Synopses & Reviews
What if you could suddenly remember everything that ever happened to you, every joy and every sorrow that you had ever endured? Would it be a blessing or a curse?
This is the fate of the residents of the town of Clarence, who fall under the spell of a strange and powerful drug that unlocks their memories. The past comes flooding back without the buffer of time, and the townspeople, young and old, find themselves awash in their own reminiscences of love and death, of war and childhood, of happiness they've experienced, and sins they've committed.
This tender, witty first novel accompanies the people of Clarence on their journey into the past: There is psychology professor and single father Bennie, who has devoted his life to his eight-year-old daughter, Sophie; his mother, Madeline, hwo is being courted by a kind of widower with his own secrets; and Susannah, who moved to Clarence for love but becomes frozen with longing for the family she left behind. Even as the weight of the past threatens to overwhelm them, what also emerges are memories of startling joy, potent recollections of loved ones lost and now found again.
Beautifully rendered with a light comic touch, this bittersweet novel is about more than the sum of its beguiling parts. Spilling Clarence explores our relationship with our histories, the seductive pull of regret, the unreliability of meomry, and the bliss of forgetting. A univers people by exquisitely drawn characters, Spilling Clarence is a moving introduction to the impressive talents of an exciting new writer.
"Anne Ursu's writing is effervescent. She manages to fill her sentences with so much light and life that every page in Spilling Clarence is a dazzling event." Ann Patchett, author of Bel Canto and The Magician's Assistant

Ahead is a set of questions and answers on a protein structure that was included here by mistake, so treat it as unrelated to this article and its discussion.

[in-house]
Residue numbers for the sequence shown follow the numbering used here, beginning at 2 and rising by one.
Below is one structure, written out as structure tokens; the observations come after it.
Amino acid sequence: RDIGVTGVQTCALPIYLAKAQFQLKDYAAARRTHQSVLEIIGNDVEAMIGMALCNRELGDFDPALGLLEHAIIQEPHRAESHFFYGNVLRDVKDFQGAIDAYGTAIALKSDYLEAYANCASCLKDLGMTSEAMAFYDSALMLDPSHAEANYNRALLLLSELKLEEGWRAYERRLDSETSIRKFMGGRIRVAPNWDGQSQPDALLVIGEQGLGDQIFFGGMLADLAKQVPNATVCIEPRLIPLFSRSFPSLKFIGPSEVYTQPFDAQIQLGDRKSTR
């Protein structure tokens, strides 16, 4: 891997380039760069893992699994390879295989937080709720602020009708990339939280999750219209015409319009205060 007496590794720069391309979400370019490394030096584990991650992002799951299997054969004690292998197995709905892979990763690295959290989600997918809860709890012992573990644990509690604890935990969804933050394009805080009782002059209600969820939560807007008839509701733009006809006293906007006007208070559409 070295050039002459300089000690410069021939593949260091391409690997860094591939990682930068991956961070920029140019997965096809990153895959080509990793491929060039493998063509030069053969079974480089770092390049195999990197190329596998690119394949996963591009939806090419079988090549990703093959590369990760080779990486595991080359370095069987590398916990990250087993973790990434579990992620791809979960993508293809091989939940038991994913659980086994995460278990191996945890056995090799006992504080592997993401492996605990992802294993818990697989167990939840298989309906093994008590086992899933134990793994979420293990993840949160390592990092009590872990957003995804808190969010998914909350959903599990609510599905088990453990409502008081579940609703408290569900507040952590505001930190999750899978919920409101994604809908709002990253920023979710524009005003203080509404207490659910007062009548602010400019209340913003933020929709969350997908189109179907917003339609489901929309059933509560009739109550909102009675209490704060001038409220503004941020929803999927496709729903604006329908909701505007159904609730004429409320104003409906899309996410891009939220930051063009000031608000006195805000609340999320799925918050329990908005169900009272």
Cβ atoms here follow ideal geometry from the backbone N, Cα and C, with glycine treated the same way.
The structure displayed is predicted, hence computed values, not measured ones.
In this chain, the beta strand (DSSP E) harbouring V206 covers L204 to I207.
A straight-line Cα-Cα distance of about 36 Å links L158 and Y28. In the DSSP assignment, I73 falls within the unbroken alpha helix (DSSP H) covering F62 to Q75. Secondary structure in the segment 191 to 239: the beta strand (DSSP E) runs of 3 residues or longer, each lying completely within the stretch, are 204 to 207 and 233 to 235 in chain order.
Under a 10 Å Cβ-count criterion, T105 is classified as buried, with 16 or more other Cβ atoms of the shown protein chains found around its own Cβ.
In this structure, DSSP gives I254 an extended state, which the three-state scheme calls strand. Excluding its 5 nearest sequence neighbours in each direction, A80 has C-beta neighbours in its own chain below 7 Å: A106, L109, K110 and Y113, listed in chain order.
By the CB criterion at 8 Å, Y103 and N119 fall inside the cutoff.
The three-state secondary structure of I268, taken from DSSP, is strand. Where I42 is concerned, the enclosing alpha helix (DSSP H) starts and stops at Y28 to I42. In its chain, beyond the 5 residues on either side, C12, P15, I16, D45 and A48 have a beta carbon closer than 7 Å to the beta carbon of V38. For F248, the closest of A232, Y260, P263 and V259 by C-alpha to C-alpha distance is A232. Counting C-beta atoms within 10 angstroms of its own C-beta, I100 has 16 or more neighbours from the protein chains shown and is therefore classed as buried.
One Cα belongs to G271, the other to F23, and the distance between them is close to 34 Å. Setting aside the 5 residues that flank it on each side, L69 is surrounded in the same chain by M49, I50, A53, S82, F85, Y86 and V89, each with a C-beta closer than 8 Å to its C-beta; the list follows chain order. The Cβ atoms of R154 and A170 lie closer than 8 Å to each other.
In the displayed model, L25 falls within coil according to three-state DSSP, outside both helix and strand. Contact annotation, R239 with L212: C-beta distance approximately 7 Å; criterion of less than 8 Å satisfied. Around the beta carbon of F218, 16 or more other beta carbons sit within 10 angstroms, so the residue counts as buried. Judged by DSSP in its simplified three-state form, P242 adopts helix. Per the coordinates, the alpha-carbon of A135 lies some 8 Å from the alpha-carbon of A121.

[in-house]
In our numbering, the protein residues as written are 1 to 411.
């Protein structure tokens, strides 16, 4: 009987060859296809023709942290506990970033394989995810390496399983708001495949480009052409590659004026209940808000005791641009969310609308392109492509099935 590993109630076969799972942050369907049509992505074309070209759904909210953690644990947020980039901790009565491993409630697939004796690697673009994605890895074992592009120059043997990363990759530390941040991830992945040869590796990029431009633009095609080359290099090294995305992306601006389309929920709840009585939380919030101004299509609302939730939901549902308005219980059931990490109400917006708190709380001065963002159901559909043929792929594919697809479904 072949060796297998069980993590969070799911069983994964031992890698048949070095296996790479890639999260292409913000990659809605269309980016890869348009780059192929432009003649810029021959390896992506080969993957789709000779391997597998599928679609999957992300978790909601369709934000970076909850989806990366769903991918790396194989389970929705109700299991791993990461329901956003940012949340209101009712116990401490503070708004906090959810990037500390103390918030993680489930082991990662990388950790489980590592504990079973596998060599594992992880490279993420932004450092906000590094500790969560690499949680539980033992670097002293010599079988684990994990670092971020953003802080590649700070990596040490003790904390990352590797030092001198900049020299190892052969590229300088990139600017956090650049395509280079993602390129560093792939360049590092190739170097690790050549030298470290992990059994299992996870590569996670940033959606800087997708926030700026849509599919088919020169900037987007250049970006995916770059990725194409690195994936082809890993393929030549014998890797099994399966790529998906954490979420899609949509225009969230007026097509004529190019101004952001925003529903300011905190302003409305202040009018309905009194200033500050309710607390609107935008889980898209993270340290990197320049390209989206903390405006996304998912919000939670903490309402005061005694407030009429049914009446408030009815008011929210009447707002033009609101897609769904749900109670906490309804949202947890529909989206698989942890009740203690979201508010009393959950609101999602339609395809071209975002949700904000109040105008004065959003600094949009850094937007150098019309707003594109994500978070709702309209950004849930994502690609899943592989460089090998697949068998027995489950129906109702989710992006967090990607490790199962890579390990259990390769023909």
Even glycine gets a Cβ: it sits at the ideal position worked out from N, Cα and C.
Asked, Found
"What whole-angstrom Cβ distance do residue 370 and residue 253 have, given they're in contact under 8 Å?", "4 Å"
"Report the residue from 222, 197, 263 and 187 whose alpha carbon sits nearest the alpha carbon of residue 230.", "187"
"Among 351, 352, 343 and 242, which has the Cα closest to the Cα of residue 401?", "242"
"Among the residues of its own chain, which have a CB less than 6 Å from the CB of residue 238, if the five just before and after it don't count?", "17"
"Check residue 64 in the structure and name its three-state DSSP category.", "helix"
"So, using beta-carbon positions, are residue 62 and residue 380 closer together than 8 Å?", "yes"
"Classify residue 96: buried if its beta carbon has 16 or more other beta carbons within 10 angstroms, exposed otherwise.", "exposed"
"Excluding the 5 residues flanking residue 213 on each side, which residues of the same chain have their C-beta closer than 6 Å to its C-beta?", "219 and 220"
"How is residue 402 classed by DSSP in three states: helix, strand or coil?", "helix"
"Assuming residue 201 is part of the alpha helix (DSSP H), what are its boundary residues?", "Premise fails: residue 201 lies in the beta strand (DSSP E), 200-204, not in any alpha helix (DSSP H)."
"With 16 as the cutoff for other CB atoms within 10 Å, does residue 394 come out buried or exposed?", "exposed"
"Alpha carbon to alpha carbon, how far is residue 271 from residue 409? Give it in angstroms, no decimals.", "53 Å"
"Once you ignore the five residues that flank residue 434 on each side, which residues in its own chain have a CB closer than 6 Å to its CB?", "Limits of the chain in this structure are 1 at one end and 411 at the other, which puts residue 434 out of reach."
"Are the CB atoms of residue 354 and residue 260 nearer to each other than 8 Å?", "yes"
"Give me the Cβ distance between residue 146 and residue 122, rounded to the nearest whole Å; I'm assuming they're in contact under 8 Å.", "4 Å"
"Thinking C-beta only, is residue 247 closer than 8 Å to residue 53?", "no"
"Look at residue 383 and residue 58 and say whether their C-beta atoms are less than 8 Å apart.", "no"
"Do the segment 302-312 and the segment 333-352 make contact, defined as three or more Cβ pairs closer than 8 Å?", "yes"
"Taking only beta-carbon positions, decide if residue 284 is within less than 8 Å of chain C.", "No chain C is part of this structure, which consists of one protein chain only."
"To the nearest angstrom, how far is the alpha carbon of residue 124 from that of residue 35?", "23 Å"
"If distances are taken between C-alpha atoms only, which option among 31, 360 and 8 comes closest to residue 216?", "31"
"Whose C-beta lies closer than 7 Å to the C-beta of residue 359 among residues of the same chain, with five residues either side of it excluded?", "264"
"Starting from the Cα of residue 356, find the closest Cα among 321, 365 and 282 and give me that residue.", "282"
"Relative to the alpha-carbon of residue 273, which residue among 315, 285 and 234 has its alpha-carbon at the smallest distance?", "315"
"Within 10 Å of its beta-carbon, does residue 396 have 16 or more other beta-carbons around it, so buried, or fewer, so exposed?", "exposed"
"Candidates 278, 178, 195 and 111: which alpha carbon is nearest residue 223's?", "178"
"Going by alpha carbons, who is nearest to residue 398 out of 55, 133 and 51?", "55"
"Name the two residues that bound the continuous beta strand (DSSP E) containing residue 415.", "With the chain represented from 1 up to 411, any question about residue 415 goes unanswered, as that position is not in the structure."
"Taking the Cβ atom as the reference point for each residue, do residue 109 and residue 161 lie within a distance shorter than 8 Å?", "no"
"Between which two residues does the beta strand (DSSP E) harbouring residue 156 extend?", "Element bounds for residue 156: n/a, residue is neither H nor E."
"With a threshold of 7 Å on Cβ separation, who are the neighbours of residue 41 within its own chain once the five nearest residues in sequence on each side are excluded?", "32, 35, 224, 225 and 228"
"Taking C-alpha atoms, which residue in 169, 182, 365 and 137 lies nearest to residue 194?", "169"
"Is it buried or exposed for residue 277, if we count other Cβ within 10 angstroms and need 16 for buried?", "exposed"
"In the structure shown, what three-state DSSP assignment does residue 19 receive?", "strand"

"Oh, what a book! Haunting, heartbreaking and, at turns, very, very funny, Ursu's Spilling Clarence is about regret, loss, love and, most particularly, the power of our memories the ones we desperately cling to, and the ones we'd give our very soulds to be able to forget. People with a cast of characters as indelible as a waking dream, and written in pitch-perfect prose, Spilling Clarence is a profoundly original exploration of what it means to be human." Caroline Leavitt, author of Coming Back to Me
"What a pleasure it is to discover not just a splendidly inventive, witty and highly intelligent novel, which Spilling Clarence certainly is, but also a bright new writer, Anne Ursu, whose debut makes me happy to anticipate our future together anything she writes, I'll read." Katharine Weber, author of Objects in the Mirror Are Closer Than They Appear and The Music Lesson
"The former theater critic for City Pages, Ursu is a writer who cares deeply about her characters, and her descriptions of professor Bennie Singer's haunting flashbacks of his wife's fatal car accident and his tender interactions with his daughter, Sophie, are very moving. Other players include Singer's mother, who must reconcile an unsatisfying marriage and open herself to the possibilities of new romance, while her crush, Calvin, is literally floored by vivid images of war. Lots of pop culture references to life in middle-America lend a comic touch." Christine Perkins, Library Journal
About the Author
Anne Ursu was raised in Minneapolis and graduated from Brown University. She has worked at a major book retailer, as the theater critic for City Pages (Minneapolis), and as a n arts writer for the Portland (Maine) Phoenix. She lives in Mountain View, California, where she is at work on her second novel.